No one cares about your birth

I mean this in the nicest possible way. If you’ve attended antenatal classes, or discussed a birth plan, you’re probably aware of different birthing options. Whether it’s in a bath, drug-free, hypnobirth, epidural, via caesaerean or getting the ol’ plunger up in there, one thing is the same: whatever gets your baby out safely is what’s natural and normal for you. For me it just feels like another way of heaping pressure on expectant parents. People shoo away the notion of pain relief because they “want to experience as much as possible”. Personally, I opted for diamorphine and had a pretty thorough experience without feeling like I was being punched in the vagina from the inside. If you’re opting for pain relief it’s not wussing out. Giving birth without pain relief doesn’t make you a better parent (although hats off if you did). Giving birth via C-section is still giving birth. Your birth is personal to you, and if people want to judge by their own standards it doesn’t lessen your experience or make theirs any more valid. In the grand scheme of things, as long as parent(s) and baby are happy, no one cares.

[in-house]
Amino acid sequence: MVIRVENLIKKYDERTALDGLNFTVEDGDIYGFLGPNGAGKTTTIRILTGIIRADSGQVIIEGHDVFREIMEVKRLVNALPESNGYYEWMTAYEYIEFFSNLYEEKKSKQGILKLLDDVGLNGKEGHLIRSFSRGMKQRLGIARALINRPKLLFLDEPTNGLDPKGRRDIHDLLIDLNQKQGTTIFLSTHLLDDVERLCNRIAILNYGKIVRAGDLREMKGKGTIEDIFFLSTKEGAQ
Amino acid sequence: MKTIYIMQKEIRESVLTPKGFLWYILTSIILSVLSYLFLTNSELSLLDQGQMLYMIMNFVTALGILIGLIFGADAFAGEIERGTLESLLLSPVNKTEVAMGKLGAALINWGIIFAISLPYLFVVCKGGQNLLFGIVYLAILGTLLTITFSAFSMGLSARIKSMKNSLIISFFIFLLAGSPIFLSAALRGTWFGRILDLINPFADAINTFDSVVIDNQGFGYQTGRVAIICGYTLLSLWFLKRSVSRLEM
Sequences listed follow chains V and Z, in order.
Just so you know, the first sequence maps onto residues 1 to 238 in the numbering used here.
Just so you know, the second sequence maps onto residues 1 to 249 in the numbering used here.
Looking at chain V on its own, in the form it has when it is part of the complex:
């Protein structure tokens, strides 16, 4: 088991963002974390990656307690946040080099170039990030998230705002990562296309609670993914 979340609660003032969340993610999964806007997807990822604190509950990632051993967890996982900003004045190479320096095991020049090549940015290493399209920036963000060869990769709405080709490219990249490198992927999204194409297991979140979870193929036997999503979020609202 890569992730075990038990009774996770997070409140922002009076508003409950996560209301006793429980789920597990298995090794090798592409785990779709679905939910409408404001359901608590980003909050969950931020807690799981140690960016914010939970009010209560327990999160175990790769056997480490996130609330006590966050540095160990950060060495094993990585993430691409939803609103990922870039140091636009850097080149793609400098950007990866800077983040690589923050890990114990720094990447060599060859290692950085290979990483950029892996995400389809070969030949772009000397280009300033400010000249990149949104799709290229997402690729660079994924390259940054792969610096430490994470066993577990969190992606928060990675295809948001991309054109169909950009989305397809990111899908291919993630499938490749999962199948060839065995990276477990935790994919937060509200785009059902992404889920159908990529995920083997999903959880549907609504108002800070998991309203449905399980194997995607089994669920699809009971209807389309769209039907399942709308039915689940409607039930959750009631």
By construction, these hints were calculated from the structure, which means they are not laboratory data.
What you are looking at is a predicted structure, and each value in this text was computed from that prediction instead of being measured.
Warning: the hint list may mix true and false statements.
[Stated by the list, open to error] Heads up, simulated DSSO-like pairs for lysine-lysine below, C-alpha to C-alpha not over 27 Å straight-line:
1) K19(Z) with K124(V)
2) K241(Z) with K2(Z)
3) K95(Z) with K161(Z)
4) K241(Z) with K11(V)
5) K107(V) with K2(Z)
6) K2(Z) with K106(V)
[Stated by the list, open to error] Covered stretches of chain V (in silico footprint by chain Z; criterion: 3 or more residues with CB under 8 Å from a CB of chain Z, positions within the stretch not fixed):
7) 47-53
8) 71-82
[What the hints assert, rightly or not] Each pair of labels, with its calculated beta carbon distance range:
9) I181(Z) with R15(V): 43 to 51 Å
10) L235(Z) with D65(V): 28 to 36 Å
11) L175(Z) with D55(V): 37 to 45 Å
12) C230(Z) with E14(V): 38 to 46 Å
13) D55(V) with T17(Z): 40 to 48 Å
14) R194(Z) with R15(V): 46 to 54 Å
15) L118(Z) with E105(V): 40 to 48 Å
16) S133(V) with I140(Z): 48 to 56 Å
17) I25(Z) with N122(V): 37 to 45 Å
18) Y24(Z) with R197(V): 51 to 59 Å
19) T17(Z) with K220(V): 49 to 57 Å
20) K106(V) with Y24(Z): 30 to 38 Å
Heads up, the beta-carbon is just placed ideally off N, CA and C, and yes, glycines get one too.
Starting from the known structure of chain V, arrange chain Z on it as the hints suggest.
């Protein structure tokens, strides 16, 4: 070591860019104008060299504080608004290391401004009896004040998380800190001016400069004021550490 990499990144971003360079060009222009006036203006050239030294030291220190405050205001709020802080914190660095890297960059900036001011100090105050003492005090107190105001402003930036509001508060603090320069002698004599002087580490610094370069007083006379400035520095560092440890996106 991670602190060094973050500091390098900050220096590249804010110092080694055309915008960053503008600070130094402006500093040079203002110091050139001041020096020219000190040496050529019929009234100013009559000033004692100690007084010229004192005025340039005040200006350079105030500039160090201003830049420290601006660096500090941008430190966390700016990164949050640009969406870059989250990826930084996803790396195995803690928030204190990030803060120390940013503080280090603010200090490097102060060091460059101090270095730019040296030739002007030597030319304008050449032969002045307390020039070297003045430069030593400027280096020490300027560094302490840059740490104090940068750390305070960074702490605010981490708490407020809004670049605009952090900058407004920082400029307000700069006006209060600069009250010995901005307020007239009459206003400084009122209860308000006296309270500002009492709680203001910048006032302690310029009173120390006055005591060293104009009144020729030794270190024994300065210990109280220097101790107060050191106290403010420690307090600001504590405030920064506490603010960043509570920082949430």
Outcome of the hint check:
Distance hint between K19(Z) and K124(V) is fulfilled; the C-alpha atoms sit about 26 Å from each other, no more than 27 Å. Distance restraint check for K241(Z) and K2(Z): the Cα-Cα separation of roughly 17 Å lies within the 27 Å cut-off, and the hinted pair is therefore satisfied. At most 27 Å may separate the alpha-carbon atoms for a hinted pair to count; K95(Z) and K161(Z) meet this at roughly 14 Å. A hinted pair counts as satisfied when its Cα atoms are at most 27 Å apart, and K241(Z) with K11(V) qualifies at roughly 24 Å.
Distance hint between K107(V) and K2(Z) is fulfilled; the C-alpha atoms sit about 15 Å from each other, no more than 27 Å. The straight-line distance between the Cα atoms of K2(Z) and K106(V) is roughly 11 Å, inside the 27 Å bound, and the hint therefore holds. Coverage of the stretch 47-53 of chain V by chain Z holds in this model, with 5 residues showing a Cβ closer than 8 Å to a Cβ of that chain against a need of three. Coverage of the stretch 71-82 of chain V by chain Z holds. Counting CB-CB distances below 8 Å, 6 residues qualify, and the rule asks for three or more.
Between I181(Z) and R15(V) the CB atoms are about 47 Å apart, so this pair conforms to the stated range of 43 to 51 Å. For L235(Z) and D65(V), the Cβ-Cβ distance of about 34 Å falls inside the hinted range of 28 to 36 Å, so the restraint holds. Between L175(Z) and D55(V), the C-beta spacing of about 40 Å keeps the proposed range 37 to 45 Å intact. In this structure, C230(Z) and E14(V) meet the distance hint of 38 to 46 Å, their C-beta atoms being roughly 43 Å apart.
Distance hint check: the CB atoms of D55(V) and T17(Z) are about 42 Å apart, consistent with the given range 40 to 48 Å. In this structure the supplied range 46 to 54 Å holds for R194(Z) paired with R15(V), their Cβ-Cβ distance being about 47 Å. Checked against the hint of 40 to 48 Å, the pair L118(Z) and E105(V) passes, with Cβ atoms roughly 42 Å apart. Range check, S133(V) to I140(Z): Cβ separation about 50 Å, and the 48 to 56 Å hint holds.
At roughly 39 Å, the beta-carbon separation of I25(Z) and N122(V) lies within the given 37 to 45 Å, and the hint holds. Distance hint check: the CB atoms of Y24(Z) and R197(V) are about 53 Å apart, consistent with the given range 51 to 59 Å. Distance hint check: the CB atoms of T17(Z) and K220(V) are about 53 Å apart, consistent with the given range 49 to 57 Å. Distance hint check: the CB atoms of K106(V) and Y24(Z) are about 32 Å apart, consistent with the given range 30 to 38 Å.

Fed is best

Breastfeeding is hard. It takes practise. Considering the UK has the lowest breastfeeding rates in the world, there’s clearly not enough support out there. If you can make it work, and stick with it, that’s awesome. However if, like me, breastfeeding isn’t an option- or hey, if you just choose not to- that’s cool too. Championing one way of feeding at the derision of another isn’t cool. You don’t know someone’s story or circumstance. As long as your baby is happy, healthy and gaining weight, go with what works for you.

Just say no